Most Alumni from top MBA programs say in private that they would have reached their short-term goals without an MBA, but the network that they developed during the program is too valuable to be disturbed with honest opinions, and so they pretend. The returns are high when a group of talented Alumni share competitive information, and support each other. The externalities of an MBA – networking and brand value are what make them stay in the top. The course curriculum and professors are good, but the consistency of quality lacks in top 5 MBA programs. If the classroom experience for you means networking and sharing ideas, follow the Business School rankings.
For others, evaluate the program based on a combination of learning experiences (in-class learning via professors and classroom experience via classmates), post-MBA salary, post-MBA job mobility, and reputation among recruiters over 5 years after an MBA. After you reach your short-term goals, it is your ability to maneuver business strategies and personalities that would decide whether you can reach your long-term goals. An MBA alone is not enough.
2018 MBA Research Guide - Choose your MBA
F1GMAT's Comprehensive MBA Research Guide will teach you how to select MBA programs through a bottom-up approach.
Articulating your Post-MBA Goals and Career Path is the FIRST step. Which program will give you that hike in Salary, Switch in Career, Change in Location or Job Satisfaction?
We cover them all through our extensive analysis.
+ How to Choose the Best MBA Program: Factors to Consider
Define Post-MBA Goals
Pick your Path: Generalize or Specialize
Use Moral Algebra Method
Use Multi-Attribute Utility Theory
Understand the Top 5 Risks
Measure MBA Career Service Team's Effectiveness
Use Bookending to Calculate MBA Admission Chance
Use Net Present Value to Calculate MBA Return on Investment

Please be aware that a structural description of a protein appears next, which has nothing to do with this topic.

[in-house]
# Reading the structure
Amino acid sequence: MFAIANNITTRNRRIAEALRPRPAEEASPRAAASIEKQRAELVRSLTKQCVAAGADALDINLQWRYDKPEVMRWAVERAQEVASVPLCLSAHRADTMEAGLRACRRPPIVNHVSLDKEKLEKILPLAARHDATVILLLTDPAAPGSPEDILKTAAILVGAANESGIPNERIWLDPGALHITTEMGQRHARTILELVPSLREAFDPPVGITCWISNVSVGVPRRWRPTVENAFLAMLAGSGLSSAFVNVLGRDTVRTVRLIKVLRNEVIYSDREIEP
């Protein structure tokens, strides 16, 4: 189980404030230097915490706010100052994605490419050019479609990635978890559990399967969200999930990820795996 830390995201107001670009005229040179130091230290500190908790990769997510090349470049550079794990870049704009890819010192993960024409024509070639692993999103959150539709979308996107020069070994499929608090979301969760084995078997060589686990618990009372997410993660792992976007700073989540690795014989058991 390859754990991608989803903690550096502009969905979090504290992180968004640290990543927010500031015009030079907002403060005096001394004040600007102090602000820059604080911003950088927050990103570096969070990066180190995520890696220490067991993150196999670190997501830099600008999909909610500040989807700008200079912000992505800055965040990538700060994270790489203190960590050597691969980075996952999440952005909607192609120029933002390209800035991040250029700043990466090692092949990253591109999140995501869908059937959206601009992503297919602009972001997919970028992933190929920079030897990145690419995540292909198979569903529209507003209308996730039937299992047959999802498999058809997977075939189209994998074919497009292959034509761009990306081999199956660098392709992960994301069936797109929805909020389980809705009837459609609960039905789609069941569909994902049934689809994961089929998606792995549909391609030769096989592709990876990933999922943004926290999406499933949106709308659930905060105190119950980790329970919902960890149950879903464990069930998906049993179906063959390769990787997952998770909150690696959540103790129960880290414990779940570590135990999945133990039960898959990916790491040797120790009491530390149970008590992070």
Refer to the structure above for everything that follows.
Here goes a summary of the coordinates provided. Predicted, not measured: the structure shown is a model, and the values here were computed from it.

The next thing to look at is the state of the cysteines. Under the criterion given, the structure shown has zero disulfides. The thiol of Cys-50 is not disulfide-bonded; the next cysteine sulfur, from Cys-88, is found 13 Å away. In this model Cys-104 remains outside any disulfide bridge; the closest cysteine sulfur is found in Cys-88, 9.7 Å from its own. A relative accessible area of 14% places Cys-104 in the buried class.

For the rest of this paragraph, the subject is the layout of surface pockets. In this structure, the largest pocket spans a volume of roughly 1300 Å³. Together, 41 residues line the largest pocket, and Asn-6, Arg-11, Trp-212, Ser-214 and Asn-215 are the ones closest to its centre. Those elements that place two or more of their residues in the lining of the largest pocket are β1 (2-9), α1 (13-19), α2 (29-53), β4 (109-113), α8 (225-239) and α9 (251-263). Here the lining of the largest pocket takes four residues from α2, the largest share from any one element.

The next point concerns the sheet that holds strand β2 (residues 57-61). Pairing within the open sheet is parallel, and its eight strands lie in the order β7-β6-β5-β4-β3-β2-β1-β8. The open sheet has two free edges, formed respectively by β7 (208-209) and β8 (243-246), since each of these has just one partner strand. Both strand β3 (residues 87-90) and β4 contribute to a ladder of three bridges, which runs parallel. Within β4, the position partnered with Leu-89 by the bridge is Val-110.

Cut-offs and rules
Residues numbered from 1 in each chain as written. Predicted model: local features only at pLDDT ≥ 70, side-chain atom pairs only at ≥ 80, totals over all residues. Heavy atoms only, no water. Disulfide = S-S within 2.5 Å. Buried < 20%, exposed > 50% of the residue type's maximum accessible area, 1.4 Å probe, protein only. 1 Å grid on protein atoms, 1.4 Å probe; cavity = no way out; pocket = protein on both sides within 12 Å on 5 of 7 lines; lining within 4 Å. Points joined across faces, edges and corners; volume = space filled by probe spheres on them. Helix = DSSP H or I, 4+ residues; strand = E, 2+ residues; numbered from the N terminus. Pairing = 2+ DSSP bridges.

Don't Fall for the Mere Exposure Effect
Best Practices to find the truth in MBA Information Session or MBA Tour
Comprehensive MBA Research Guide: Includes Top MBA Programs by 19 Specializations:
+ General Management
+ Operations Management
+ Supply Chain Management
+ Luxury Management
+ Information Systems
+ Hospitality Management
+ Leadership Development
+ Military &
+ Top MBA Program Ranking
Top 20 MBA Programs - Tuition Fee (2018)
Top 31 MBA Programs in United States – Total Cost & Salary (2017)
Top 60 MBA – GMAT and GPA (Average & Median)
Top 20 European MBA Programs - Tuition Fee, Total Cost & Salary
Top 20 European MBA Programs (Based on Actual Salary Increase)
Top 20 European MBA Programs (Short-term return on investment)
Top 20 Affordable European MBA Programs
Top 10 MBA in UK – Salary & Fee
Top MBA Destinations Based on Happiness Index
Top MBA Destinations based on Innovation Index
Top 10 MBA Job Markets based on Cost of living and Purchasing Power
Top MBA Destination: By Economy
+Comparisons - Top MBA Programs
Wharton vs. Columbia MBA
MIT vs. Stanford MBA
Haas vs. Ross MBA
Kellogg vs Ross MBA
Booth vs Wharton MBA
MIT Sloan vs Tuck MBA
IMD vs. INSEAD MBA
IIMA vs. ISB
Harvard vs. Stanford MBA
+ MBA in France
Top Industries in France
Top MBA Programs in France